Debits and credits
Thread poster: Samuel Murray

Samuel Murray  Identity Verified
Netherlands
Local time: 23:55
Member (2006)
English to Afrikaans
+ ...
Sep 14, 2016

Hello everyone

I'm translating a non-financial, non-accounting text that mentions credits and crediting of accounts. It is for a gaming portal -- you have to pay to play, and you can also sometimes get money back. Sometimes, you don't get "money" back, but tokens (which they call "credits"), but at other times, you get real money back, which is paid into your bank account.

I have no problem translating "credits" as "credits" when it refers to tokens. In a few rare cases, the word "credits" is used in the sense of something having been credited with money, but mostly it means "tokens", and I can usually see which meaning is which.

What bugs me is "credit" (verb). The text may say "your account will be credited with $100" (and this means that $100 of real money paid into the user's real bank account), and of course I know what the text is trying to say, but really, it should be "debited", since money is coming in (not going out, from the user's perspective).

Would you treat "credited" in such sentences as a source text error and translate it as "debited", or would you take the pragmatic approach and translate it as "credited" even though it means "debited" (perhaps because you suspect some editor will change it back, or because some proofreader will tell the client that you're a rubbish translator, or even (gasp!) some lawyer whose understanding of debits and credits is based on how debit cards and credit cards work will advise the client to file suit)?

I can try to avoid the word "credit[ed]" but it would be hard. I don't have easy access to the client.

Samuel




[Edited at 2016-09-14 13:51 GMT]


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Mikhail Kropotov  Identity Verified
Russian Federation
Local time: 01:55
Member (2005)
English to Russian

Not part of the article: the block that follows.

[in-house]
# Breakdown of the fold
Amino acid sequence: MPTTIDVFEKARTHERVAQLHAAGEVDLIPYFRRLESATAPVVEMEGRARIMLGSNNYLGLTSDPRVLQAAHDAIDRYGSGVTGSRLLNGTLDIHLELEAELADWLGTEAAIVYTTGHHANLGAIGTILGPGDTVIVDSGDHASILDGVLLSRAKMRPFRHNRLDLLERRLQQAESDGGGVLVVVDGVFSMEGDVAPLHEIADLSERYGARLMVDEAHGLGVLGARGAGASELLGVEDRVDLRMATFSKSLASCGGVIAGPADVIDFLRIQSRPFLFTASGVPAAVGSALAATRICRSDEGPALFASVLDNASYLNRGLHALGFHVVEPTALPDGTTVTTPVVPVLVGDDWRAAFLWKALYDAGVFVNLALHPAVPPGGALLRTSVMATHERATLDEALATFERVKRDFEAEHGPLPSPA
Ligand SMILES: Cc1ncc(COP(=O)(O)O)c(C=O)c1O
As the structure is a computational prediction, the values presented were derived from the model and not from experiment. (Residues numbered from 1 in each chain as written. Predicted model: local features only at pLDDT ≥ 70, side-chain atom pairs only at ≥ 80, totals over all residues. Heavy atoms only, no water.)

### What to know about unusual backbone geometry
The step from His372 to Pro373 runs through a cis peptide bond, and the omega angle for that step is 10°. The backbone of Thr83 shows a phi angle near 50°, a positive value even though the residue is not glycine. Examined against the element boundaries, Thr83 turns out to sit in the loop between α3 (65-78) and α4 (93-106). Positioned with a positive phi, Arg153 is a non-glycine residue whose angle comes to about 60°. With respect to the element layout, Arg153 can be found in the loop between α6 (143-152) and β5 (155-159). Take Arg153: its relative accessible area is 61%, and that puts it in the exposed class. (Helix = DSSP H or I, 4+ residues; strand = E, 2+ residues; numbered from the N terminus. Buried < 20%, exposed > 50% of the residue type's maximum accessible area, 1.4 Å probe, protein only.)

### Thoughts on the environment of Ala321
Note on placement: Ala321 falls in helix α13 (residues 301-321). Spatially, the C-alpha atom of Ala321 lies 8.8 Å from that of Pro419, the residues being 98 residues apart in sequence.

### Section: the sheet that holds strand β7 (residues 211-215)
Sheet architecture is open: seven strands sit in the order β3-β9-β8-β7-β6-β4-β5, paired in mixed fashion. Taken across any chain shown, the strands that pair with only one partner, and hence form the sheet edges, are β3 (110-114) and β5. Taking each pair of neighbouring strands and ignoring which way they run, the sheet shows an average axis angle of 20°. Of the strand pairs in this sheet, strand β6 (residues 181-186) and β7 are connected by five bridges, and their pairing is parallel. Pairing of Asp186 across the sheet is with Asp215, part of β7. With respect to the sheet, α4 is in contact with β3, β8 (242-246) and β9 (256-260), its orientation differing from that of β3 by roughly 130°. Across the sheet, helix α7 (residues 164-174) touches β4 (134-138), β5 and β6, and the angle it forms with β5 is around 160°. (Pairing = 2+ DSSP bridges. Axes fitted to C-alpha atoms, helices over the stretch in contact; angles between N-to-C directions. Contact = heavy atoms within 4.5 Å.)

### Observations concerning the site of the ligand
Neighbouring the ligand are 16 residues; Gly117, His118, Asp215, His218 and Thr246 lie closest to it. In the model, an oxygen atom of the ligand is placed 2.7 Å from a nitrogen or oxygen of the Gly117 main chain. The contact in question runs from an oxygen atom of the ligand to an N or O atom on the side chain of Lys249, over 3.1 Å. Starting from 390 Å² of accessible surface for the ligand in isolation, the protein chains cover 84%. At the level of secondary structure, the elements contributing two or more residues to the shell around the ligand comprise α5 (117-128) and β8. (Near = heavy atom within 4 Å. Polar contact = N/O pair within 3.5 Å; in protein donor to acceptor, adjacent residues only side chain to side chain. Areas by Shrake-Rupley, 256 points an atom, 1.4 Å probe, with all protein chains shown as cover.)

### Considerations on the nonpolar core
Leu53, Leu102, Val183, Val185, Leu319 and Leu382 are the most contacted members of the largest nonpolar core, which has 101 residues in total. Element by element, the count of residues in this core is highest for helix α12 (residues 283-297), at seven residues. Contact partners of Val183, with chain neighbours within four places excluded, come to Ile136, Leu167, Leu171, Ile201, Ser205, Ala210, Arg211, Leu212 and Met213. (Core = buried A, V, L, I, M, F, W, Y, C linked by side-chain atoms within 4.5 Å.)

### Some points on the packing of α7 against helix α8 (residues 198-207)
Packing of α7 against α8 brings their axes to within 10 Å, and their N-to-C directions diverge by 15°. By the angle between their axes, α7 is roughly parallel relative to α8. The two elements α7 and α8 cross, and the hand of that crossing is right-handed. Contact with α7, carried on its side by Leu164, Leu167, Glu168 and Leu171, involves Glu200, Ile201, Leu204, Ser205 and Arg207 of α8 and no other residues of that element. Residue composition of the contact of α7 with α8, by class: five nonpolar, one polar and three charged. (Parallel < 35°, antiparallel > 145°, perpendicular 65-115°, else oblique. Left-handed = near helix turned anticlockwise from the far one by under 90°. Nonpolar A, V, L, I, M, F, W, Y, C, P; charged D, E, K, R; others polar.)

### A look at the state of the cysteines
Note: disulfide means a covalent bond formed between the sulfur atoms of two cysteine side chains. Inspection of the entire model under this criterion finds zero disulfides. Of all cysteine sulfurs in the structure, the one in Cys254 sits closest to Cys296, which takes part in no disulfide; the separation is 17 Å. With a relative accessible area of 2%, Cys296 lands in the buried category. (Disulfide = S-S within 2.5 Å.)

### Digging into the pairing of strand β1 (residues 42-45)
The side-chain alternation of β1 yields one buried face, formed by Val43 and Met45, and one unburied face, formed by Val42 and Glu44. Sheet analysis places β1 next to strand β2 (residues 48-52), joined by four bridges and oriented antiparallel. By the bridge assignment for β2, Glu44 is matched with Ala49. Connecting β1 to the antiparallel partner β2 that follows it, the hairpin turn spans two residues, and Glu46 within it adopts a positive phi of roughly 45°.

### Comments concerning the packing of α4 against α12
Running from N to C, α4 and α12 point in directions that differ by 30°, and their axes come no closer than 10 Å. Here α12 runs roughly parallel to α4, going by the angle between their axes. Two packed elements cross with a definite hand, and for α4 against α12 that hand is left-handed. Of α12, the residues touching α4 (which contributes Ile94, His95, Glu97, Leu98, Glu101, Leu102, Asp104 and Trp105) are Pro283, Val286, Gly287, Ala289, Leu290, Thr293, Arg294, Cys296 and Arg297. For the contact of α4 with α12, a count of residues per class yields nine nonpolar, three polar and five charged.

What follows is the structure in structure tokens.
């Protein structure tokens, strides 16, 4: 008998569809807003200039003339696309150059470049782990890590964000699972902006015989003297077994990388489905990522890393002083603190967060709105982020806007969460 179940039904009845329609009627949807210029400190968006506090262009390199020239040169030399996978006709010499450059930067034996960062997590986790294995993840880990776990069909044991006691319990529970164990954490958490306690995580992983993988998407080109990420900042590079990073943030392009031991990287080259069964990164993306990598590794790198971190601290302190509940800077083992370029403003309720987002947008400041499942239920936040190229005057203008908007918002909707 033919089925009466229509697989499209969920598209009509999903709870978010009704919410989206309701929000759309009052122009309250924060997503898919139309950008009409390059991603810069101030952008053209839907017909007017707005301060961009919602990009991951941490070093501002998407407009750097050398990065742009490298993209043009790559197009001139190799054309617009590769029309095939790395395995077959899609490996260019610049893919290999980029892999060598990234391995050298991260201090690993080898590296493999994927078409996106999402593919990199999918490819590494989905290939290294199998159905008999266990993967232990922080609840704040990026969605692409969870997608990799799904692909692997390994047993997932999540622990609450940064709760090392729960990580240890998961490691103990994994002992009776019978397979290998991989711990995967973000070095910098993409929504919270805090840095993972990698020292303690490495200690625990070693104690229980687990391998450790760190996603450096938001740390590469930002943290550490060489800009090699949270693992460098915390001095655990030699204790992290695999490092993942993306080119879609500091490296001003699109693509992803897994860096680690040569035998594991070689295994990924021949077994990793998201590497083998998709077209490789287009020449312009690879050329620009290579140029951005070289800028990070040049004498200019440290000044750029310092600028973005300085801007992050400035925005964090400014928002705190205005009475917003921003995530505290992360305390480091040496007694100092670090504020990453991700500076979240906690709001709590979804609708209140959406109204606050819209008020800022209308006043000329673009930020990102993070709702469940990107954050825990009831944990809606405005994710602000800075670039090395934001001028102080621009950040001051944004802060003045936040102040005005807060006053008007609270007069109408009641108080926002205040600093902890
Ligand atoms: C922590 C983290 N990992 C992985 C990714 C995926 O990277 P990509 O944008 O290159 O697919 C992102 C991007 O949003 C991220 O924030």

+ ...
I would translate with the meaning of 'debit' (i.e. adding money to account) Sep 14, 2016

Because in my target language (Russian) the verbs credit and debit (in non-accounting contexts) are not cognates of the nouns credit and debit.

I believe you should disengage yourself from the source English terms and simply translate accurately within the realm of your target language.

[Edited at 2016-09-14 13:52 GMT]


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Tim Friese  Identity Verified
United States
Local time: 16:55
Member (2013)
Arabic to English
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The text is correct as is Sep 14, 2016

I agree with the text's usage. To credit an account means to put money into it, and to debit an account means to take money out of it. These meanings should be very easy to confirm all around the web. Thus in the US you can sign to pay some bills via 'direct debit' - as if you wrote a check but as a direct transfer. Note that this use of 'credit' is related but not quite the same as a 'credit card'. However, this use of 'debit' is exactly as in a 'debit card' - when you use it, it debits your account, i.e. takes money out of it.

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John Fossey  Identity Verified
Canada
Local time: 17:55
Member (2008)
French to English
Non-accounting use Sep 14, 2016

Tim Friese wrote:

I agree with the text's usage. To credit an account means to put money into it, and to debit an account means to take money out of it. These meanings should be very easy to confirm all around the web. Thus in the US you can sign to pay some bills via 'direct debit' - as if you wrote a check but as a direct transfer. Note that this use of 'credit' is related but not quite the same as a 'credit card'. However, this use of 'debit' is exactly as in a 'debit card' - when you use it, it debits your account, i.e. takes money out of it.


To clarify, this is correct for non-accounting purposes only and would apply in the OP's case.

In accounting, the opposite is true. An asset's value is increased by debiting it (such as a company's bank account on its financial statements) while the value of a liability increases by crediting it.